Cinematic lighting is just code for lighting that has been designed to create focus and feeling. Designed, being the key word. In low budget scenarios, the designing freedom you have is limited, so, then it becomes 'designing with compromise' hehe ;) When planning or designing your lighting for any scene, it shouldn't purely be for purposes of illumination and exposure. You really should be thinking about WHAT is being illuminated, and by how much...these factors will direct your viewer's eyes to parts of the frame, so make sure you direct them precisely where you want them to look ;)
In the case above, I'm wanting the viewer to pay attention to our actor and his immediate focus. Of course the room he occupies is important, but it shouldn't be a focus. So, I lit the scene starting with a (somewhat toppy) backlight. I usually do that (especially when time is limited) because it's a quick way to create separation between your actor and the background, keeping in mind that the red curtain was already playing a part in that. I chose to balance the tungsten source to a daylight colour temperature, from 3200 kelvin to approximately 5600k using a CTB Gel. This would mean that the light's colour would match that coming from the window behind Reece. If I left it tungsten (3200K kelvin), it would appear orange on camera and become a focus in itself!
The other role of this top-heavy backlight was to create a type of 'fill light' as it bounced off of the papers in front of Reece, illuminating his face (which would normally be in shadow). I could have used a separate light to achieve this also, but it would be difficult to shape and localize (keeping it off the walls), but more importantly than that it might have even began to look "lit". Using the paper instead of a second light created a more natural lighting situation - and saved me time.
To compliment and gently amplify this scenario, I added an over-head LED light, again balanced at 5600 kelvin to maintain the lighting colour temperature. As you can see below, I used a curtain to 'cut' the light, or stop it from illuminating the walls and only light the table. Again, this comes back to the question "what are you illuminating and where do you want your viewer to look?". The downwards facing light would also bounce off of the table and paper, helping with the exposure on Reece's face. I used two layers of diffusion in front of this light which would help it seem invisible to the viewer. I don't want the audience to think there is a soft light source above the table. Diffusion creates soft shadows and makes it difficult to notice a light's direction - exactly what I needed to boost my exposure somewhat, and give the table and it's contents a little more edge.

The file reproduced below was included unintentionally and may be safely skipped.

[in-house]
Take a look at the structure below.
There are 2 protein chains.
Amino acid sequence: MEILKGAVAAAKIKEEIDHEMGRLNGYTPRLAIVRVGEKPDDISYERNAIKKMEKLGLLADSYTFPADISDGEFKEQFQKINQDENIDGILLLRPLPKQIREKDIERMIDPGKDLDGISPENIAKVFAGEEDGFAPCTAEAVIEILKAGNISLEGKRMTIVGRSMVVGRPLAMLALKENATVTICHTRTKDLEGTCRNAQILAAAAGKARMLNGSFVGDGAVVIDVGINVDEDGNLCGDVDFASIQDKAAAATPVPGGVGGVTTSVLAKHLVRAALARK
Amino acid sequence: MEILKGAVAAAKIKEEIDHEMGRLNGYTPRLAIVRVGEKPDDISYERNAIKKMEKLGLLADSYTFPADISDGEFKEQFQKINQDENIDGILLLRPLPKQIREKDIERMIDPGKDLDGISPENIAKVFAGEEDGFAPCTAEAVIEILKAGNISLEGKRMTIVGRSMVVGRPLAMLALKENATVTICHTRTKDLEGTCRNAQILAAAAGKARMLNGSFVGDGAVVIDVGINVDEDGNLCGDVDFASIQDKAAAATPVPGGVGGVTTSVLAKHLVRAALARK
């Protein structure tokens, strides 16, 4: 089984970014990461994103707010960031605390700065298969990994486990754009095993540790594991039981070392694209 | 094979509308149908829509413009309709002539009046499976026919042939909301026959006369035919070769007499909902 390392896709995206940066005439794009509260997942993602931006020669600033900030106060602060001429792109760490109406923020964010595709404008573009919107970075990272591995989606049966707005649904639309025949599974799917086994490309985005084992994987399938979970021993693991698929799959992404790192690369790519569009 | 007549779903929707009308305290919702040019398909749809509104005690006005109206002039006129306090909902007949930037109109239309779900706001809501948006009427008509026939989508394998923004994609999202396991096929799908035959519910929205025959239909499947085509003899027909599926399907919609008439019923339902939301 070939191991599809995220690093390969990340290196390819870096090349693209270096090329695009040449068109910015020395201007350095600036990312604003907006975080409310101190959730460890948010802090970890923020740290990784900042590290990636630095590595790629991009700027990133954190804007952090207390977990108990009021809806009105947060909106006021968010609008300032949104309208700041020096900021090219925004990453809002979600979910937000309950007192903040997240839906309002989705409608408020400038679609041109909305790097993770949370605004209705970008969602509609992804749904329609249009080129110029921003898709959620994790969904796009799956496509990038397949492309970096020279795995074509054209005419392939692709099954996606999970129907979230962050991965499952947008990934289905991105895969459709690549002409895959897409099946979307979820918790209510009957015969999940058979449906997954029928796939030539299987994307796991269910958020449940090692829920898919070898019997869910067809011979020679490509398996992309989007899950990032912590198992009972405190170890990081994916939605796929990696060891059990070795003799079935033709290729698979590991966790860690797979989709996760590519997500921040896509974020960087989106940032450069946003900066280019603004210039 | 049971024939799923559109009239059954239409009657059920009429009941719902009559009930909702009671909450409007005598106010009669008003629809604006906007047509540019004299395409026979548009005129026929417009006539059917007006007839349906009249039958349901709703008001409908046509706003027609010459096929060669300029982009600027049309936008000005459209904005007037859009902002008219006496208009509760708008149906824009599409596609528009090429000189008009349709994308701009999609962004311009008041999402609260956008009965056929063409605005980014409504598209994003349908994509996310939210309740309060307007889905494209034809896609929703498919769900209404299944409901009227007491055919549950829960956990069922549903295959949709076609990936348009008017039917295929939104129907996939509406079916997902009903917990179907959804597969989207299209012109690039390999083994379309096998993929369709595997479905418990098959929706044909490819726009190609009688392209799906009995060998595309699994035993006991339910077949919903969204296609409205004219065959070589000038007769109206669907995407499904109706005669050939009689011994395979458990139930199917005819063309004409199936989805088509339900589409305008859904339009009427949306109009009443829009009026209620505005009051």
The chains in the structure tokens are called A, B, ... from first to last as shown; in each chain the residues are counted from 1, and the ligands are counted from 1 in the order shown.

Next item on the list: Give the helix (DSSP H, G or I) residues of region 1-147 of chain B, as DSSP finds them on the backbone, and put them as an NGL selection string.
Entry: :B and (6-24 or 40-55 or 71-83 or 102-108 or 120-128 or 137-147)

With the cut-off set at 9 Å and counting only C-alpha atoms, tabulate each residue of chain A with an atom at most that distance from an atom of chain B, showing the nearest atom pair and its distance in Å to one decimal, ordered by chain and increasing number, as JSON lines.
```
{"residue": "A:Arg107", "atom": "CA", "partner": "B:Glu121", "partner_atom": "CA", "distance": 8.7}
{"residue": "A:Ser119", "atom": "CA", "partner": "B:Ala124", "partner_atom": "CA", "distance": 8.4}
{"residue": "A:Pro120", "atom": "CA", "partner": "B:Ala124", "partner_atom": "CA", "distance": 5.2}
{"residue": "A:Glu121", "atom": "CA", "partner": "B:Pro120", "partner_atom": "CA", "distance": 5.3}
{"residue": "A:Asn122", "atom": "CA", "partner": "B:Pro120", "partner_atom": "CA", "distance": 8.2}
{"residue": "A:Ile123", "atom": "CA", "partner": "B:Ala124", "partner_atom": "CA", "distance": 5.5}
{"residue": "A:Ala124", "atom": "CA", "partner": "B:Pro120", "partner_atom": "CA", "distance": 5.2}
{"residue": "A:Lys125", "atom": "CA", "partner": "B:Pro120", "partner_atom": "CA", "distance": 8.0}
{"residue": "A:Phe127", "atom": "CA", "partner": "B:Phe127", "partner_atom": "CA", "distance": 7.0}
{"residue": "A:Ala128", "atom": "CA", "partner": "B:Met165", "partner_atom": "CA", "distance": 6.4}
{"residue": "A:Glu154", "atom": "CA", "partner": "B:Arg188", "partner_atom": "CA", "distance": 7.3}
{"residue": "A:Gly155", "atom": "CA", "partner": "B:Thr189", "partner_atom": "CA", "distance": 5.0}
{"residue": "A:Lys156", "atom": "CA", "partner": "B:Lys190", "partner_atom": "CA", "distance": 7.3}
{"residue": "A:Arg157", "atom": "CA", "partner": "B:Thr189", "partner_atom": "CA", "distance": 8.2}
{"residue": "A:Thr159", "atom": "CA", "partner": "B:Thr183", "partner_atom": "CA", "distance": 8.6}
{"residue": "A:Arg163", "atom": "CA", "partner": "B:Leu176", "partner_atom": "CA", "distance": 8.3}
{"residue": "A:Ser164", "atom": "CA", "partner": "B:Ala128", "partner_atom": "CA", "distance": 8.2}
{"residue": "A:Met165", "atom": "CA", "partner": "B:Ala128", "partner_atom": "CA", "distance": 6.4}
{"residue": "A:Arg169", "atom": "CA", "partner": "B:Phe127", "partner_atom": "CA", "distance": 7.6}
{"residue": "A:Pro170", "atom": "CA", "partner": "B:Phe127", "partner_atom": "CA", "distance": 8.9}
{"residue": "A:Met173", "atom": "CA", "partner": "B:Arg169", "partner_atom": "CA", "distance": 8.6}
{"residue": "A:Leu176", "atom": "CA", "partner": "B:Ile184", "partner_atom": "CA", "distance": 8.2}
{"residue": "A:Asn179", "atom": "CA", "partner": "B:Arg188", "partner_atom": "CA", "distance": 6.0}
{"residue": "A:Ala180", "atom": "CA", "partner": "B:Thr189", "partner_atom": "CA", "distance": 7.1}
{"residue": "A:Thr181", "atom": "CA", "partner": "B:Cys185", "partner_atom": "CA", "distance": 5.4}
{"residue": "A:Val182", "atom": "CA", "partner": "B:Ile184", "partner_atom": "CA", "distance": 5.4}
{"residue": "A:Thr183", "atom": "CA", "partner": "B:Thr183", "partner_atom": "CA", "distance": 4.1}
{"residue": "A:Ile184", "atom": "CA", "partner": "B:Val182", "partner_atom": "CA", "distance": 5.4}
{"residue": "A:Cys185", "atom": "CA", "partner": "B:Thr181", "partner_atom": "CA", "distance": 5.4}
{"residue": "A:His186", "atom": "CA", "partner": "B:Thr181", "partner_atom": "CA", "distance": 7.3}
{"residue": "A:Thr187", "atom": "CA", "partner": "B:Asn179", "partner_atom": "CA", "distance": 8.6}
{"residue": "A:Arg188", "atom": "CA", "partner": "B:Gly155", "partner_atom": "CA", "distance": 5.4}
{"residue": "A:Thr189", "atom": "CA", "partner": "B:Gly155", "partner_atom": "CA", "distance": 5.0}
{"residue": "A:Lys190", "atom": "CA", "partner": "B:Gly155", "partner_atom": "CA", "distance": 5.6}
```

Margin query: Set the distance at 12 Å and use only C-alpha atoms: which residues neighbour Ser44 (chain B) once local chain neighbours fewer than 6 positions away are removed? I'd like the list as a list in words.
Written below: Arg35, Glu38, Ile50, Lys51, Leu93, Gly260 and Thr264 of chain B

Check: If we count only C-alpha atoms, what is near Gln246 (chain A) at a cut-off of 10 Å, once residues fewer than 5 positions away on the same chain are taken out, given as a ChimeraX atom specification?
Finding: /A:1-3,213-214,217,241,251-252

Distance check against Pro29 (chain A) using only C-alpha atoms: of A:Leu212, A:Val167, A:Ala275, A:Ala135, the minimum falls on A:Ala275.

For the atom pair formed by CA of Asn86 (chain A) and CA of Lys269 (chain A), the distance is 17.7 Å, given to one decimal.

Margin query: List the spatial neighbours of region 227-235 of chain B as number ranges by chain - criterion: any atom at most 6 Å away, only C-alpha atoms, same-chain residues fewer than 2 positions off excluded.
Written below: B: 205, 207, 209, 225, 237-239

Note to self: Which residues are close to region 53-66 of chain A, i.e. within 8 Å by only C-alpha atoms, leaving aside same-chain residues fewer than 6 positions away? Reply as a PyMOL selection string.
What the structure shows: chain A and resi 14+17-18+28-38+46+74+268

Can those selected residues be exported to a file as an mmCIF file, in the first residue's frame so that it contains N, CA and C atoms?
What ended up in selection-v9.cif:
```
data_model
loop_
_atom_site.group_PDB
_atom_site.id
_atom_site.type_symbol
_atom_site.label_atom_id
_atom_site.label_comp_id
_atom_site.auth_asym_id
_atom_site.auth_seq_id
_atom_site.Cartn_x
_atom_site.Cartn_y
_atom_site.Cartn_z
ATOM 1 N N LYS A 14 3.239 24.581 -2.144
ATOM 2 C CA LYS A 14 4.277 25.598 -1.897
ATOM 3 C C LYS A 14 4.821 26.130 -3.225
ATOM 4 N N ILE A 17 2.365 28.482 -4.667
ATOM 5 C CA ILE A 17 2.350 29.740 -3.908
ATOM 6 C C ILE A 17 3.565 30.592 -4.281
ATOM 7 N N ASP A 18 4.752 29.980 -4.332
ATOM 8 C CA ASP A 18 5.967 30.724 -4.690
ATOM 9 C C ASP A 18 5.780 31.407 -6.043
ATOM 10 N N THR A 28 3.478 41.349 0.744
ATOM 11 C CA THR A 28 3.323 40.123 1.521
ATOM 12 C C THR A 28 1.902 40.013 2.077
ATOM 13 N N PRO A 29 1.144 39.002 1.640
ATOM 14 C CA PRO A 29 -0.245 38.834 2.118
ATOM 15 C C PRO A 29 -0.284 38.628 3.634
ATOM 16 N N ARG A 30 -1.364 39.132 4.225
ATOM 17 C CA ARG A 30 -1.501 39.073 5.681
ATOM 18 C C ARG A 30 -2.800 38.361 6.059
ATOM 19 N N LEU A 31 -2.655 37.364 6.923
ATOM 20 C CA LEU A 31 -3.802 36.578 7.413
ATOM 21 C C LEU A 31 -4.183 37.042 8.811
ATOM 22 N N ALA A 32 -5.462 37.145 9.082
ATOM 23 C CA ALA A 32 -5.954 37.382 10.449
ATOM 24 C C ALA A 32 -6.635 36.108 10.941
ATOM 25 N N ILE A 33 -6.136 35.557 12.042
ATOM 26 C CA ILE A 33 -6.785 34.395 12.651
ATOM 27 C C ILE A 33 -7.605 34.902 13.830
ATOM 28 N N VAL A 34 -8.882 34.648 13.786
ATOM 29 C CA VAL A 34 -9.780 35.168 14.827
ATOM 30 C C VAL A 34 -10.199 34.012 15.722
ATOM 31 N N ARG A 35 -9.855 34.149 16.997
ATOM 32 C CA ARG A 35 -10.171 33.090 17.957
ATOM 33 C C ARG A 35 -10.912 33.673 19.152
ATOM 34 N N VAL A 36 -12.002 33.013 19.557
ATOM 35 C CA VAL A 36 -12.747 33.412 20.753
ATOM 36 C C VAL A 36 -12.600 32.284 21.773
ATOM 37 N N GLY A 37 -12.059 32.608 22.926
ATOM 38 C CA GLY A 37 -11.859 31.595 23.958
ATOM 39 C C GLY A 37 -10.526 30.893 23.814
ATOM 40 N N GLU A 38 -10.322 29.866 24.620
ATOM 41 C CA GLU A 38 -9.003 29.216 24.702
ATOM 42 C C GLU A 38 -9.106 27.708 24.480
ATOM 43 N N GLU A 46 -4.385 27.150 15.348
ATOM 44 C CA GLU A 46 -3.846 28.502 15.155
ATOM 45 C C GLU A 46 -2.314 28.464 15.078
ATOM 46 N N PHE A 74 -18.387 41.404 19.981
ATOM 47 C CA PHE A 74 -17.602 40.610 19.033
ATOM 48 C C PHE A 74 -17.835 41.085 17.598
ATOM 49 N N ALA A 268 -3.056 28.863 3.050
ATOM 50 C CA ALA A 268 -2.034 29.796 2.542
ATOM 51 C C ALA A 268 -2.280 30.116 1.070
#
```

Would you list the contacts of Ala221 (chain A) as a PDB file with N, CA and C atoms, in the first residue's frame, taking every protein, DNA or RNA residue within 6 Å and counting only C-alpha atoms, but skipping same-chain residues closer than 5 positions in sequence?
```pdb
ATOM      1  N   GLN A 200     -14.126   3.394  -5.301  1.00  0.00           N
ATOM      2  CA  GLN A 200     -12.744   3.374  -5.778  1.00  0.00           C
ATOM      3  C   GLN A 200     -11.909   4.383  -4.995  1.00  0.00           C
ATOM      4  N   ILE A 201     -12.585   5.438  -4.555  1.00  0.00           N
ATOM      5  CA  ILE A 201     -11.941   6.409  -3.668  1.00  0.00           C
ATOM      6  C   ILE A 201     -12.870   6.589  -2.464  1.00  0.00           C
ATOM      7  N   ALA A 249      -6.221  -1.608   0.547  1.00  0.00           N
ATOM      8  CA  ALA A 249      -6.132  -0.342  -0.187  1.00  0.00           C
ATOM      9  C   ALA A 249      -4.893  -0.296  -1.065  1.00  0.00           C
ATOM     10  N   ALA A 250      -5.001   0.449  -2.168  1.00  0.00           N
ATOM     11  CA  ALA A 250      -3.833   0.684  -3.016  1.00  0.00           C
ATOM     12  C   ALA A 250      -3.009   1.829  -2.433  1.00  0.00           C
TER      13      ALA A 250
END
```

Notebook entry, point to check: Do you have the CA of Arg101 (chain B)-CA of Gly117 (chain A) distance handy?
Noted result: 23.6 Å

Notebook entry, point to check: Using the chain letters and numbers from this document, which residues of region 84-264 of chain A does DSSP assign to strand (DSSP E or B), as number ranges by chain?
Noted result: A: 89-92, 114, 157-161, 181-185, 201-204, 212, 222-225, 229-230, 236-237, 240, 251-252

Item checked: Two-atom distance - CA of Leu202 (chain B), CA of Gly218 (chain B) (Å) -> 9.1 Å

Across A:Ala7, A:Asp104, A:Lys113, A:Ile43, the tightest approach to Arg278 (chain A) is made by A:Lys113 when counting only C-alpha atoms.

Finally, I wanted to add a smidge of exposure to the rest of the room. I keep mentioning that I try to design my lighting with focus and intent. Where do I want my viewers to be paying attention? Well, after lighting my focus point (the actor) with the backlight and paper bounce, I then looked at the over-all scene and considered the contrast ratio of the frame. Take a step back from the actor now...how does it looks as a whole? I felt that the room's ambient light needed a small boost and decided to 'warm' that boost up a bit by NOT balancing this light to daylight.
To achieve this (as you can see in the BTS pic above) I had a 300w tungsten light (3200 Kelvin) shining into a white bounce board which was then illuminating the entire scene with a warm wash of soft light. This helped bring out some finer details that were previously lost in shadow.
You may have noticed that the highlights on Reece's shirt are blown out, or 'clipped'. That is indeed true. Generally speaking, it's not a good idea to clip highlights in your scene. Why? Because essentially it means that you giving your viewer LESS information. A clipped highlight means that there is no detail in that area - it becomes a white mass of nothingness. In the case of Reece's shirt, the edges are clipped from the strongly focused backlight - this was a deliberate decision. As I experiment and break the "rules", I'm learning that it comes back to the same old question I keep repeating "What are you illuminating and where do you want your viewer to look?". Does it matter that you cannot see any detail in the window behind our actor? I don't think so. Does it matter that you cannot see detail on the highlights of his shirt? I don't think so. More importantly, are these over-exposed or 'clipped' areas distracting or deterring your viewer from looking where you want them to look? I don't think so....but then again, I don't REALLY know. The point is, I'm conscious of what I'm designing and experimenting at the same time.
To see this shot in it's RAW, original recorded format, and to grade it yourself, I've added it to the DOWNLOADS section above. There's also a tutorial you can follow along with to see how I processed the image in Davinci Resolve if you're interested HERE.
I hope this lighting diagram and explanation has been useful! I'm always striving to learn new ways of lighting and experiment with different setups...hopefully you will be inspired to do the same. If you would like to be notified about future setups and diagrams or other tutorials and news, please subscribe using the form to the right :) There are many other lighting examples I've created in the LIGHTING section above.